The US is now indebted to other countries that have been lending the money for the Bush spending spree. This proposed $150 billion temporary patch would just further ad to that debt. Whatever bill arrives on his desk, will be made to fit his desires anyway by his abusive addition of signing statements.

  11. Mustang Paul says:

    @dwayne_dibbly:

    That’s a whole lot of MD 20/20.

  12. DMDDallas says:

    Congress is the opposite of progress.

  13. humphrmi says:

    @DMDDallas: Uh, Congress passed the bill. In the context of this article, you would be more accurate saying “Senate is the opposite of progress.” But yeah, I get it, Senate doesn’t rhyme with progress.

  14. ClayS says:

    @gingerCE:

    You’re right, let’s get this passed into law and then they look at other measures separately. Instead, they try to bundle everything together so less popular expenditures can get stuffed in.

  15. ShortBus says:

    $150,000,000,000 would likely save a lot of dying children or maybe even permanently solve the homeless problem in the US.

    I’m all for moving money from the government’s pocket back into the citizens’ pockets. But I can’t help but shake my head over this deal because the government is really, really hoping that everyone is going piss away $600 almost the moment they get the check. Yay for our consumeristic culture!

  16. GearheadGeek says:

    @humphrmi: Actually, the House of Representatives passed it. The other house of Congress, the Senate, is proposing to attach more crap to it and delay things, so it’s in fact still in one of the 2 houses of our bicameral legislature, the United States Congress. Representatives like to call themselves Congressmen/women because it sounds more official than Representative, and Senators call themselves Senator to differentiate themselves from those lowly congressmen who are “only” in the house of representatives, but they’re both part of Congress.

  17. ExecutorElassus says:

    @ShortBus: Uh, you seem not to have noticed, but the government doesn’t have any money in its pockets right now; just some Chinese credit cards.

    I like how it’s called a “rebate.” Is that like a defective-product rebate (what part of America was defective?) or an instant-savings rebate (are we trying to lure taxpayers away from our rivals?)? I sure hope it gets here soon! I need to go buy shit!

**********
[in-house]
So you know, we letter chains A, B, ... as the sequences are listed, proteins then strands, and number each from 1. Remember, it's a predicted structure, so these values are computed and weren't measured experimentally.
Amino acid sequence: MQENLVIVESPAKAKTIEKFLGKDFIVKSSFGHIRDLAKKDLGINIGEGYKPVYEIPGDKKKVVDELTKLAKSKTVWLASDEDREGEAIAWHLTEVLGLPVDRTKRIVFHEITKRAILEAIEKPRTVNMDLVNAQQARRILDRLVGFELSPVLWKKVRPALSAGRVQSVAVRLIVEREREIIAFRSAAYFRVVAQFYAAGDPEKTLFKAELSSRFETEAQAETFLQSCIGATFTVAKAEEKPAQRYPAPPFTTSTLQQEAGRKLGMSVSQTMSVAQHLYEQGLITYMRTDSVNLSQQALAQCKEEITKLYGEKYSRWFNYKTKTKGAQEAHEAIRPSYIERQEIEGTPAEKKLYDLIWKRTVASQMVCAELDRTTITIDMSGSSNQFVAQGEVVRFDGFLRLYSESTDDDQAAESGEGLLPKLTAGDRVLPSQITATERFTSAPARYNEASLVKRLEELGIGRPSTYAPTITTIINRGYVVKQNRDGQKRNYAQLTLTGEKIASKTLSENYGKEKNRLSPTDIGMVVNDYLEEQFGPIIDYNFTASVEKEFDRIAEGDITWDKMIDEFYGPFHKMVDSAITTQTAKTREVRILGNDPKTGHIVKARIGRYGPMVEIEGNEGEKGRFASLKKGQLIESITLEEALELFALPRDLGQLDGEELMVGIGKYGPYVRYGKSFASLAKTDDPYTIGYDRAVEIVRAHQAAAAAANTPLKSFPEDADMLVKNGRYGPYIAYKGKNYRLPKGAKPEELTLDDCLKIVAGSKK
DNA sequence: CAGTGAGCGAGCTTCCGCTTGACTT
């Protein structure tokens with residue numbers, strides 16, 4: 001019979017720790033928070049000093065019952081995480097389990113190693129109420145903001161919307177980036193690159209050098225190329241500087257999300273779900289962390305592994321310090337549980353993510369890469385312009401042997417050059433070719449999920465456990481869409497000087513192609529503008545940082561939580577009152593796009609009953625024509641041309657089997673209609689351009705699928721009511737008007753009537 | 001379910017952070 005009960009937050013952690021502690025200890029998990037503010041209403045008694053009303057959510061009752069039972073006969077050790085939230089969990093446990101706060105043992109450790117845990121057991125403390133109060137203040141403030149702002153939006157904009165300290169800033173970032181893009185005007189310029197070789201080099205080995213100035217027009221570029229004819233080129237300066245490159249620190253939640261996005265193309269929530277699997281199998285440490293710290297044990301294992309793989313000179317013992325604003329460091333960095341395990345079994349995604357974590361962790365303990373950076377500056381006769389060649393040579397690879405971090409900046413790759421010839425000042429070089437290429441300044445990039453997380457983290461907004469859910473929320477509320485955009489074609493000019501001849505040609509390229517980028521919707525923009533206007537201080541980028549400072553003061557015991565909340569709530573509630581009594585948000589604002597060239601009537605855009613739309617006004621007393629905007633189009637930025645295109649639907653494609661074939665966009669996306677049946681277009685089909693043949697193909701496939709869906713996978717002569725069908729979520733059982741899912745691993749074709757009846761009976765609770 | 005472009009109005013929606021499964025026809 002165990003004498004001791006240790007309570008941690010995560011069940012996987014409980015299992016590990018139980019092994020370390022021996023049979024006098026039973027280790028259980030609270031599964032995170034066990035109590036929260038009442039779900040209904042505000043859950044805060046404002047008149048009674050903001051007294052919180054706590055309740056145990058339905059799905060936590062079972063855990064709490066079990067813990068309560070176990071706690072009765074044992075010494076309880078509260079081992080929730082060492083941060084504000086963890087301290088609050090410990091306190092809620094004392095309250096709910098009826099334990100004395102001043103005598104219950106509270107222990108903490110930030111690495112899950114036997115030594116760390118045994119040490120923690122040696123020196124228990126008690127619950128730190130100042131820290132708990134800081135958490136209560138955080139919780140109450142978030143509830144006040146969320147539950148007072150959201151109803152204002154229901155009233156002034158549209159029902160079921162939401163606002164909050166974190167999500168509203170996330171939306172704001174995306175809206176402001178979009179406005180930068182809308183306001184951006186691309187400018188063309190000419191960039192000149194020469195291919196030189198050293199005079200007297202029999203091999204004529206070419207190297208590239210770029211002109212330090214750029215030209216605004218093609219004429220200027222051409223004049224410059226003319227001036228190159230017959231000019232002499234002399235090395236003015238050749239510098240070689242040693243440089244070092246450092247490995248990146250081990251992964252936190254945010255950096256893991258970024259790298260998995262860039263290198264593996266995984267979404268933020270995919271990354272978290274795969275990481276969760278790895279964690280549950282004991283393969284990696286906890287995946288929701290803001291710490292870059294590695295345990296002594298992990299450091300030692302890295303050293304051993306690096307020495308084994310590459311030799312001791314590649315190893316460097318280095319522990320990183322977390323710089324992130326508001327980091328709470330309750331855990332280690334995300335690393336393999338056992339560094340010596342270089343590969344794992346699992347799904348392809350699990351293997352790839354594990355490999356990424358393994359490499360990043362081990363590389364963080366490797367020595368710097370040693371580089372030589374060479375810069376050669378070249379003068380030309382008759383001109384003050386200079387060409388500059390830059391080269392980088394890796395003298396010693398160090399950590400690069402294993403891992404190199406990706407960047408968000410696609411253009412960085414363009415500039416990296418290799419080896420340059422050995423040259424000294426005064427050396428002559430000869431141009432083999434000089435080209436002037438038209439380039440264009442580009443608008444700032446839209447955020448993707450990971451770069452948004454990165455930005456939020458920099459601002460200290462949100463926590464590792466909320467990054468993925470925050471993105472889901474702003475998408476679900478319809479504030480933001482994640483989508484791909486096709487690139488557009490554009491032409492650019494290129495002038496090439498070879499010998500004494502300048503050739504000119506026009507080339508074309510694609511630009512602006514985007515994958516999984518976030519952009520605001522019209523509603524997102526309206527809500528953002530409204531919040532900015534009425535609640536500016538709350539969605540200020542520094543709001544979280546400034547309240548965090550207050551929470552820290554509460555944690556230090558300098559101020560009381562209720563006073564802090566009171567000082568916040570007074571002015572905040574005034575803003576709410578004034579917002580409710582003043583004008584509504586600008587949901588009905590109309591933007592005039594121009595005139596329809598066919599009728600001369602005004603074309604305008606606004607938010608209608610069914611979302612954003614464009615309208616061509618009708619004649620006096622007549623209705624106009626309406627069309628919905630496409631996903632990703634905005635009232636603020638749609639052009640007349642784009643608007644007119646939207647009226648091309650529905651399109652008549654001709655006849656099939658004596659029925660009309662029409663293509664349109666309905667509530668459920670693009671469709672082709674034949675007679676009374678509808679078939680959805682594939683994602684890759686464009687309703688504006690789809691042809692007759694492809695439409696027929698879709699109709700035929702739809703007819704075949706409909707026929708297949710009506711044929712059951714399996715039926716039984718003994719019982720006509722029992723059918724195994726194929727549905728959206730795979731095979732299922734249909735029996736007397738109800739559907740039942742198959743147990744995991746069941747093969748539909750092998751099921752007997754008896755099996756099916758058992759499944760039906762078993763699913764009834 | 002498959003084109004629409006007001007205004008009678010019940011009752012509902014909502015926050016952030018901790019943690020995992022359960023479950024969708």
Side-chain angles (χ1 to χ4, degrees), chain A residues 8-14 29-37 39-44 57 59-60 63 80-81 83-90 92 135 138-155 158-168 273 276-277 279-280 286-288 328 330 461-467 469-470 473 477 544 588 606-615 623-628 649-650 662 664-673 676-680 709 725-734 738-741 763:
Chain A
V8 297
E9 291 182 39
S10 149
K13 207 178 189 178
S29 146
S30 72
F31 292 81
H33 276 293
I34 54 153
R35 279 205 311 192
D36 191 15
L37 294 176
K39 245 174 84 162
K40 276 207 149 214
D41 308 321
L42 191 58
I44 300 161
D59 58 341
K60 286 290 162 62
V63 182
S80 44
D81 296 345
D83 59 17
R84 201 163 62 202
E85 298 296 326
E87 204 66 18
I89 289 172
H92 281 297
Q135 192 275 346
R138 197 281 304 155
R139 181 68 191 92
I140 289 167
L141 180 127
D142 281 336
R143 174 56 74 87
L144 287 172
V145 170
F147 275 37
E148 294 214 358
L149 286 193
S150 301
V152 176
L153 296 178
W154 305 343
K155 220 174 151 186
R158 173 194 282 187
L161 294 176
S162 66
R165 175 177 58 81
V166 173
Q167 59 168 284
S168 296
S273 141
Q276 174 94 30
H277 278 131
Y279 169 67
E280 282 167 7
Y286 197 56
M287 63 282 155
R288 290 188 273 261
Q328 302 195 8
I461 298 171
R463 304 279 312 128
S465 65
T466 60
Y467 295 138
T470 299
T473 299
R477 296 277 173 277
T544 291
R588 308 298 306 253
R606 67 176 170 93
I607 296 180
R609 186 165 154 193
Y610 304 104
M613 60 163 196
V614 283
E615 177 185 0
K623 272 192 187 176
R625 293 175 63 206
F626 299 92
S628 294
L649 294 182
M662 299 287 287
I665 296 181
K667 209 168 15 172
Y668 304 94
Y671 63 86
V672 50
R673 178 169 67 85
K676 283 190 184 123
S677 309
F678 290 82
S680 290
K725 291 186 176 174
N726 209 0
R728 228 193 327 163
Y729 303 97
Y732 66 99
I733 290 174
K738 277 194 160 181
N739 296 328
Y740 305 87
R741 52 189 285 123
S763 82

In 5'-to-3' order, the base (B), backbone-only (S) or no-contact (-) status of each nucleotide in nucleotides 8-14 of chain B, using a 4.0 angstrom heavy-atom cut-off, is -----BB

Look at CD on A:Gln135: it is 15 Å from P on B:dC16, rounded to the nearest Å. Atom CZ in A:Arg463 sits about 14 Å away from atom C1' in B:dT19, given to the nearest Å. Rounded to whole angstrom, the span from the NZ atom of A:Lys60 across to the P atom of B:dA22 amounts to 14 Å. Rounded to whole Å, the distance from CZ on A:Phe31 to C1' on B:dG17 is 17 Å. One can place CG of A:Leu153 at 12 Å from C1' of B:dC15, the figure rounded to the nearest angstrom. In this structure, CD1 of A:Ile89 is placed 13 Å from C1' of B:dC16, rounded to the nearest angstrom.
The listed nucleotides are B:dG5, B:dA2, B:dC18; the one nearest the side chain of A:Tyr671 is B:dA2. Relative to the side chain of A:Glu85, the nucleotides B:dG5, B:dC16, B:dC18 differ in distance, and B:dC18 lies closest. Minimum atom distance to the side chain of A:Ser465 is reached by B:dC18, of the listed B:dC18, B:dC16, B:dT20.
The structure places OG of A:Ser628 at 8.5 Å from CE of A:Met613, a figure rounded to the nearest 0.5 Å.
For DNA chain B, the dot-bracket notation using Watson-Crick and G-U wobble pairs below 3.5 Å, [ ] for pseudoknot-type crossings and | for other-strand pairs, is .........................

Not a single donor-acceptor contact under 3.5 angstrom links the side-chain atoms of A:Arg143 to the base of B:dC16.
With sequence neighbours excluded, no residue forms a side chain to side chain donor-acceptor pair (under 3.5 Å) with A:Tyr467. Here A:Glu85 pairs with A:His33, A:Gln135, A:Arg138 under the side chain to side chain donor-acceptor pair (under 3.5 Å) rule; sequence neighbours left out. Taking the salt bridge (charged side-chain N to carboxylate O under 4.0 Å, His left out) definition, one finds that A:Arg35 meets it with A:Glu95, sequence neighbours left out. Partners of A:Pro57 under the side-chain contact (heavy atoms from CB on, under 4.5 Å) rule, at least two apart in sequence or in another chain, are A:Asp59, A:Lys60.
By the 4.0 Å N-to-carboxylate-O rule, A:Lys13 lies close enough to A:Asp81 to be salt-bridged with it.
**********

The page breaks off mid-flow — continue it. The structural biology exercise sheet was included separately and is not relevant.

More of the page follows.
18. Just to clarify, nobody passed anything. An agreement was reached in principle between House leadership and the President. No legislation has been introduced, no votes have been cast. The House package will skip the Ways and Means Committee and head directly to the floor. The Senate, rather than assent to the proposed agreement, will markup its own bill.

  19. thedanza says:

    Like other modest proposals made in the past during recessions, this will likely drag on and not be enacted until the recession is already over, deeming it pointless. Let the market solve itself. How about this? Don’t take the money from the citizens in the first place, then you don’t have to worry about waiting another two years to get 10% back after the government wastes 90% of it.

  20. samurailynn says:

    They’re probably going to end up sending everyone $100. And you know what? To most people $100 isn’t really a big deal. Sure, it’s some extra money, but it’s not really enough to do anything with. You can’t take a vacation, you can’t buy any good electronics, you probably can’t pay off any bills. We’ll get the checks, and we’ll all be like “Woo-hoo, a hundred bucks. I guess we could go to that classy restaurant downtown, or we could just stick it in the checking account and forget that it ever happened.”

  21. thedanza says:

    $100 sent back to a lot of citizens adds up to a lot though. It’s better than having it in one lump in the hands of congressmen to be spent on “projects.”

  22. MelL says:

    @ClayS: That’s the only way some things get passed, though, by attaching things onto bills, especially must-pass bills. Like it or not, it’s a real time-saver. I mean, imagine having to go every single item that every Congress critter wanted to pass in full detail. They’d be backed up and things would take too long to be considered.

  23. Okay, maybe I am naive, but what exactly are the 150 billion going to do? The country is already bleeding money out of every orfice it has and now they want to slash another wound for a short term “stimulus” based on consuming more goods?

    If they would really want to think long term then they would try and upgrade infrastructure and work on Education and things that will have value in the long run, not just allow everybody to go out and buy a bigscreen TV.

    Or maybe I am just ignorant and there is more to this than meets the eye.